Surface impressions: Microsoft just nibbles the Apple.

Microsoft tries to challenge the iPad, apple-to-Apple. But scratching the Surface, it is bruised at best, and may even be a lemon. We Beg to Differ.

Microsoft tries to challenge the iPad.  But scratching the Surface, viagra approved Microsoft wants you to compare them apple-to-Apple. We Beg to Differ.

I finally had a chance to see the video of the much-hyped “secret” launch event for Microsoft and look into the branding and positioning of even more hyped new tablet.  Now, price I’ve never touched the actual product, ask but just skating on the surface here, a  few impressions.

Reinventing the reinvention

The format of Microsoft’s presentation seemed oddly familiar to me, like deja vu, or a vaguely remembered movie. And here’s why. Read Write Web did a beat-by-beat comparison (embedded below) of the Surface launch with the epic launch of the iPad by Steve Jobs.

And you’ll never guess who comes off looking like an innovator and who comes off like a copycat:

Just keep swimming. Just keep swimming.

Tough day on the Jobs: Steve Sinofsky’s “somebody’s gonna get fired” face.

In the clip above, you see a brief moment where Microsoft  Executive Steven Sinofsky goes pale, tightens his lips, and sprints for the podium to grab a back-up tablet after the machine he’s holding completely freezes. Here’s a blow-by-blow of that excruciating moment from UK’s Daily Mail.

Now, as someone who’s done presentations for major consumer product launches (remember CorelDRAW 8?), and had to skate through crashes in the middle of your prepared schpiel, I have great  sympathy for what this guy is going through. Particularly since my screw-ups weren’t documented on YouTube for later dissection.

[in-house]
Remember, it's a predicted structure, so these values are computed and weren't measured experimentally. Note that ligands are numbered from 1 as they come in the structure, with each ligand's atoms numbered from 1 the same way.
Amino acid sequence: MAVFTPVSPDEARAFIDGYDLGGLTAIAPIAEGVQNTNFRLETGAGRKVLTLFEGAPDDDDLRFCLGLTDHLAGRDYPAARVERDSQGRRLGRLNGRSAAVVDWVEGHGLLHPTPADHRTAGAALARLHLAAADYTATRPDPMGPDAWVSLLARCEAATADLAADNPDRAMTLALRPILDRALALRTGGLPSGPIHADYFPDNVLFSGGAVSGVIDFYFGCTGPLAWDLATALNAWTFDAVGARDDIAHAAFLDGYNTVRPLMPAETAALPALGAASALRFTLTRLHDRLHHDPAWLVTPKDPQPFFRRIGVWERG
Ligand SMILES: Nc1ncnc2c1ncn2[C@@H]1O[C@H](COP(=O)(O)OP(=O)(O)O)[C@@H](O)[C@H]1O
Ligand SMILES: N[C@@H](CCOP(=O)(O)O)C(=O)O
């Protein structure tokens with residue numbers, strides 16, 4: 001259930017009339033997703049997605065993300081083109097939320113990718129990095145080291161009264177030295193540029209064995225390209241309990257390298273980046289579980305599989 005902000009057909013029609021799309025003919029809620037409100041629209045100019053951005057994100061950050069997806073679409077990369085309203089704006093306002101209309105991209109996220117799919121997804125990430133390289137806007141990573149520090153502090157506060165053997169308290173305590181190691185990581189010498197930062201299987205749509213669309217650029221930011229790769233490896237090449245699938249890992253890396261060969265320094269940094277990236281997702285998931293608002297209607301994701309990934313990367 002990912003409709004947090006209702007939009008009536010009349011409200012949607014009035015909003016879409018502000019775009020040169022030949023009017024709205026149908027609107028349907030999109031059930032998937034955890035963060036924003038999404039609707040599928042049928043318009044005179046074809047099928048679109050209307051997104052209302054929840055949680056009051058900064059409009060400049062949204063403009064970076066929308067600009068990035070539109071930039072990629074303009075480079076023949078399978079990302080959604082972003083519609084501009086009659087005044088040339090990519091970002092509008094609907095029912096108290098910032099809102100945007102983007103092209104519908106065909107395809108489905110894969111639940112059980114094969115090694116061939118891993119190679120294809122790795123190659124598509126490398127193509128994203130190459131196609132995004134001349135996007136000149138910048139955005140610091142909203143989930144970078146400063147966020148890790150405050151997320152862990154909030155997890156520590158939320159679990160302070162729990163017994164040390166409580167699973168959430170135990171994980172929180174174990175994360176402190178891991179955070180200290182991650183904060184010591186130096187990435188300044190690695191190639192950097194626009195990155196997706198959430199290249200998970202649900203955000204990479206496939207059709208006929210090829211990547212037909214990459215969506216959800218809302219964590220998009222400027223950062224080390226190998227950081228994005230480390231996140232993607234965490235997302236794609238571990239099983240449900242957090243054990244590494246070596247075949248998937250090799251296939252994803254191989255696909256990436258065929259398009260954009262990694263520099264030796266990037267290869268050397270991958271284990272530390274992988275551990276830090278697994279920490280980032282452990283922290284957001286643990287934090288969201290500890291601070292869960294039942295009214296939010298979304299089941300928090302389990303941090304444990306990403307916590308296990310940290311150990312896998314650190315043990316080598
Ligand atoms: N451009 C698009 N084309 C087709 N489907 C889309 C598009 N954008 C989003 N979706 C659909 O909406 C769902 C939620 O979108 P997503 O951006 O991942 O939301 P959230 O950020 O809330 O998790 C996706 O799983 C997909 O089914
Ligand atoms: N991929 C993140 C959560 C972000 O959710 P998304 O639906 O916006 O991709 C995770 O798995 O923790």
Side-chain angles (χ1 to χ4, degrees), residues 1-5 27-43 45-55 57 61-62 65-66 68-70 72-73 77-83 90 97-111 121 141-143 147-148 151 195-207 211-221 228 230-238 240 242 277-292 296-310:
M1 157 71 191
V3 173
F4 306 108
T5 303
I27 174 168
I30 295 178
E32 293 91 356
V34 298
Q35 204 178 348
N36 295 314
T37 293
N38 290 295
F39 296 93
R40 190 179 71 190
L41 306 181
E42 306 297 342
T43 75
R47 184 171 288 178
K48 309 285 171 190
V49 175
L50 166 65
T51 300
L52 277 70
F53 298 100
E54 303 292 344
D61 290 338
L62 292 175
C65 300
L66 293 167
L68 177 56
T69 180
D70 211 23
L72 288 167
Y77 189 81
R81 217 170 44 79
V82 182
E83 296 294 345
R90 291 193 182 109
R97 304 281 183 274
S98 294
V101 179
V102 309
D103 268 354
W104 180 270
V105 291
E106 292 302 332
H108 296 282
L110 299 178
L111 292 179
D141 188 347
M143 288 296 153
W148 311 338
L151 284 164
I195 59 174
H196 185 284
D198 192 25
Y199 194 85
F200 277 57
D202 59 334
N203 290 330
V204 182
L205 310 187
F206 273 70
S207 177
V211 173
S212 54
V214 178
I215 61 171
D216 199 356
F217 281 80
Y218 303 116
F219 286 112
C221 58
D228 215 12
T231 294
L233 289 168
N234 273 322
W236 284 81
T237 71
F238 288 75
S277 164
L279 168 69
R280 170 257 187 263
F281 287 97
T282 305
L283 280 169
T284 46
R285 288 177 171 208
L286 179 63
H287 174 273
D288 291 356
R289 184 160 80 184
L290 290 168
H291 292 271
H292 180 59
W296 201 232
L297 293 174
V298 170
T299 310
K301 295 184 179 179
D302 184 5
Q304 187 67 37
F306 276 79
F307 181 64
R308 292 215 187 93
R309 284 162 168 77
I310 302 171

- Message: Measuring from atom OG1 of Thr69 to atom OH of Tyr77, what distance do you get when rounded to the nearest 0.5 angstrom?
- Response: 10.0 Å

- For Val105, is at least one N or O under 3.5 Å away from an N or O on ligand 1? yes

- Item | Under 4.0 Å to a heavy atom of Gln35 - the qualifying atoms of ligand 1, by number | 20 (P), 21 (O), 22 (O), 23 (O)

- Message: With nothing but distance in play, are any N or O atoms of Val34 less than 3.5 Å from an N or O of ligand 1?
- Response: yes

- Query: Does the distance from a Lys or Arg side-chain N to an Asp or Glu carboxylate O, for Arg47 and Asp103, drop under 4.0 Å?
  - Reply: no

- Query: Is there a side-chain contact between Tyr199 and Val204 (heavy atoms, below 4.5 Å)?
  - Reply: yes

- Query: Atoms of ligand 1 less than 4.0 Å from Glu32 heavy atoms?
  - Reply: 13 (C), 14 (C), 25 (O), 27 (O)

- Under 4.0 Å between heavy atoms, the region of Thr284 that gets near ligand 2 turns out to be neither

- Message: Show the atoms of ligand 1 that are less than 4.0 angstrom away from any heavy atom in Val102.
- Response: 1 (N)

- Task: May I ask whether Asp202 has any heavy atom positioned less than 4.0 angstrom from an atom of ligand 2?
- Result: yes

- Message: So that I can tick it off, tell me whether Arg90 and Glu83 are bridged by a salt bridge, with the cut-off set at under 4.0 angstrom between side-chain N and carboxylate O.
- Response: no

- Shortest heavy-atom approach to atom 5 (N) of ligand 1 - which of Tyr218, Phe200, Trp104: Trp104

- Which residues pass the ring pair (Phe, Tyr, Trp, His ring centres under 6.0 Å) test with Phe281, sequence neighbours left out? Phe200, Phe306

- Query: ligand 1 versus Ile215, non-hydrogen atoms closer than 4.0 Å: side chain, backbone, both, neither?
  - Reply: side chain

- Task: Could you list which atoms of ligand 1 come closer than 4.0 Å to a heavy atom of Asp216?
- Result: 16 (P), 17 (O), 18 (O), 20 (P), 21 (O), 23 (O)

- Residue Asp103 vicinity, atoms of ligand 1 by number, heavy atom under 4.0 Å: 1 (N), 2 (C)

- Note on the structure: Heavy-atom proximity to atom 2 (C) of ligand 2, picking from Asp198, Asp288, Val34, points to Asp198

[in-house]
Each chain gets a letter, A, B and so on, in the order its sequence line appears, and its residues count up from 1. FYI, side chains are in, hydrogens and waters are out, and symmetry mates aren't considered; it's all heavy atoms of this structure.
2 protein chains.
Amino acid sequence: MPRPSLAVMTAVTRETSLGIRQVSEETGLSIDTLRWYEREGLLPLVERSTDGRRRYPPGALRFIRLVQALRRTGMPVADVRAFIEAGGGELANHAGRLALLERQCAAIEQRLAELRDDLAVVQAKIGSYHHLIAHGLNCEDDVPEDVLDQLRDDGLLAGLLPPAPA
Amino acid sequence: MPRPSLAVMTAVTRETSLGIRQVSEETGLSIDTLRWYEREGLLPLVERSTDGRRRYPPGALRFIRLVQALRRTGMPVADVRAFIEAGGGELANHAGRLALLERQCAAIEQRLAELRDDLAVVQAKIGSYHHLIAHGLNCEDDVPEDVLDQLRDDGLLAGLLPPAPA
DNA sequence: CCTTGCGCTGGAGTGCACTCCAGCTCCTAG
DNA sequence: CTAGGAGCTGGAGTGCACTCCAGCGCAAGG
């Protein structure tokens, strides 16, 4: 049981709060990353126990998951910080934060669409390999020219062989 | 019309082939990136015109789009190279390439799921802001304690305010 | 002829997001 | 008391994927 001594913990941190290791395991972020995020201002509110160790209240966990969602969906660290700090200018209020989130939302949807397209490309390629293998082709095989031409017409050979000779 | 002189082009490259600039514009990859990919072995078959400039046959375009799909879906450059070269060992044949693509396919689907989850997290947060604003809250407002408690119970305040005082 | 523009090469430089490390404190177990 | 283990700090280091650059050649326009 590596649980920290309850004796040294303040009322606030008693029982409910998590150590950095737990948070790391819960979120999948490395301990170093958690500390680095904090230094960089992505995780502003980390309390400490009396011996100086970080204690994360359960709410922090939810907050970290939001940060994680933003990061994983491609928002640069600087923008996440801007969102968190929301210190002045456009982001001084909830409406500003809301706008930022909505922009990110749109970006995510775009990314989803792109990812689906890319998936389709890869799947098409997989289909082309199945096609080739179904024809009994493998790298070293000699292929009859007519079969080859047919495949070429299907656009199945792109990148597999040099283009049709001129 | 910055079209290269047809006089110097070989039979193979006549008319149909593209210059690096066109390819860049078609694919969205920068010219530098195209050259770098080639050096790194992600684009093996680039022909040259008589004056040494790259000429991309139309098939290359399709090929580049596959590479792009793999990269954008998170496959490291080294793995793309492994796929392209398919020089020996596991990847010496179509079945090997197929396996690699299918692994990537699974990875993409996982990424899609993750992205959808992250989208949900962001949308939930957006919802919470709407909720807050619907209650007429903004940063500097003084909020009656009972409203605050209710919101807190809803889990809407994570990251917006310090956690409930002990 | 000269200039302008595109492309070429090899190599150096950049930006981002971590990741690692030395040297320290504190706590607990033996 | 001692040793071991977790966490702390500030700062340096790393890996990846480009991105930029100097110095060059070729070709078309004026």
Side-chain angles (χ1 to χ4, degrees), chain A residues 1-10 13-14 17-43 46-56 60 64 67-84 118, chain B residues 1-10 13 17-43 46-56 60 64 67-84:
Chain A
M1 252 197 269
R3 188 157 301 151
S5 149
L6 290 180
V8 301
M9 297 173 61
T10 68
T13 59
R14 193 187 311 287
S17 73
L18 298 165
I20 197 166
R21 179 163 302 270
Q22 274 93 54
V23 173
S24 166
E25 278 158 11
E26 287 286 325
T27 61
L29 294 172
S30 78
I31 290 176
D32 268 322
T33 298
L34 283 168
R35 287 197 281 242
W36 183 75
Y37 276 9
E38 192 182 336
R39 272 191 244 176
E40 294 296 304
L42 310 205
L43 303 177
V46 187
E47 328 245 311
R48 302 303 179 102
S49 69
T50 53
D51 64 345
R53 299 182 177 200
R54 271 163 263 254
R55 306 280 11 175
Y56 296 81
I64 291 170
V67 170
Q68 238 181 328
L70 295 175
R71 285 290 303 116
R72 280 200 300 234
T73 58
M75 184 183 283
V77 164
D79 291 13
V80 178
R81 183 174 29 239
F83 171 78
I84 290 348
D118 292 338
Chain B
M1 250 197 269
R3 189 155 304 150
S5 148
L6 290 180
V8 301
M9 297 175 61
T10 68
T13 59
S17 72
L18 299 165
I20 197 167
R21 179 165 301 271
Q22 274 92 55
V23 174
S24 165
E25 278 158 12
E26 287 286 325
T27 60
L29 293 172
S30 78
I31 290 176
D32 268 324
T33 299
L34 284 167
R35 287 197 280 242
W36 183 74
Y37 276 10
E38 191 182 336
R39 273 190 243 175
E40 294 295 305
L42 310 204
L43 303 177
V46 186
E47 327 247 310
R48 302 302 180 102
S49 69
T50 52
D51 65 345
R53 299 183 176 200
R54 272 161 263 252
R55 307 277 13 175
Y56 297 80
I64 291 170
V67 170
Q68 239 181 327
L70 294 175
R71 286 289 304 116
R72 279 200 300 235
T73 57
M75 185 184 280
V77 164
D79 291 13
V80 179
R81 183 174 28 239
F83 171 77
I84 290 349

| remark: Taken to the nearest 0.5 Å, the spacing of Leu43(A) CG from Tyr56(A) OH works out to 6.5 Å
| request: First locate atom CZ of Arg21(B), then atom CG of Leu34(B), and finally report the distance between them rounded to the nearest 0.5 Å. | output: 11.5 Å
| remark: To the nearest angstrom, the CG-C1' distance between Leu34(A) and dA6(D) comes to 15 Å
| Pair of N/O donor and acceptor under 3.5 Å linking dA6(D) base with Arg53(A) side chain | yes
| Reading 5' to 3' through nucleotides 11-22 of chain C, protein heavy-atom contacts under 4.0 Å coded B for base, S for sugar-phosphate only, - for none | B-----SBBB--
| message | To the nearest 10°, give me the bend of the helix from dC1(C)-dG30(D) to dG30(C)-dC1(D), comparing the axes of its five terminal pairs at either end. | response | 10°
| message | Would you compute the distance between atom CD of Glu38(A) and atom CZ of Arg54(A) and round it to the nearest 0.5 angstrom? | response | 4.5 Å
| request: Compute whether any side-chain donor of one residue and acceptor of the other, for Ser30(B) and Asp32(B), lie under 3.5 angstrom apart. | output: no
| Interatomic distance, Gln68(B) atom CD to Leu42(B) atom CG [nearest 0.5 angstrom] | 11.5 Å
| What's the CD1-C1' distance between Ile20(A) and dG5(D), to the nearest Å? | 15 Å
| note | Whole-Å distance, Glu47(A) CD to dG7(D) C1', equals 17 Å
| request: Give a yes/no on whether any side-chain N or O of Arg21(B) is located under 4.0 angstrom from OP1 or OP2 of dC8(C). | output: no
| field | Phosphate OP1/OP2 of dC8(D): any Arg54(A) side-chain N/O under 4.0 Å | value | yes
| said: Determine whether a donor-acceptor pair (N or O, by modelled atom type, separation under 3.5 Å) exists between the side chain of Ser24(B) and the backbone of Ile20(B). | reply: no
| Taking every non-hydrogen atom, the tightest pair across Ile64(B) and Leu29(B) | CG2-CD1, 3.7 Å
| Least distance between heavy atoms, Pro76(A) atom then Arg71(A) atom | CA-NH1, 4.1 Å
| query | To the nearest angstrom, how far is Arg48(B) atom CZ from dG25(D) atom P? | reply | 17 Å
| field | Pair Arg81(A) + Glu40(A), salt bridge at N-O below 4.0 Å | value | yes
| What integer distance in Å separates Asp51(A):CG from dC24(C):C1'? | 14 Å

But this ain’t Palookaville. This is Microsoft (remember Windows 98?). So when the stakes are this high, you have to wonder how unstable the machine is to crash at that moment.

The name and brand strategy

I’m having a lot of trouble wrapping my head around the name. Maybe because it’s a two-dimensional metaphor – and most of the product shots are three-dimensional, and because Microsoft can’t seem to make up its mind whether this is a tablet (just a “surface”) or a new kind of lightweight quasi-laptop.

This confusion seems to be baffling even the most enthusiastic reviewers:

Microsoft is clearly straddling the uncomfortable divide between the old world of mice and keyboards, where it dominates, and a future ruled by touch screens, where Apple and Android devices prevail….

Surface splits the difference between a standard tablet and super-light laptops such as Apple’s MacBook Air or ultrabooks that run Windows.

So what is this thing? I’m sure a new category descriptor like “power tabs” or “laptabs” will emerge. But Microsoft could have helped us – and themselves – by figuring that out ahead of time.

Microsoft’s brand mangers also can’t seem to make up their mind whether it is a “Microsoft Surface” – like “Microsoft Word” or “Microsoft Comfort Mouse” – or whether “Surface” is a standalone brand with “Microsoft” as a lower visibility endorsement- like X Box. If it’s the latter, the Surface name is too weak to be memorable, and not distinctive enough to create a solid new product category to stand against iPad.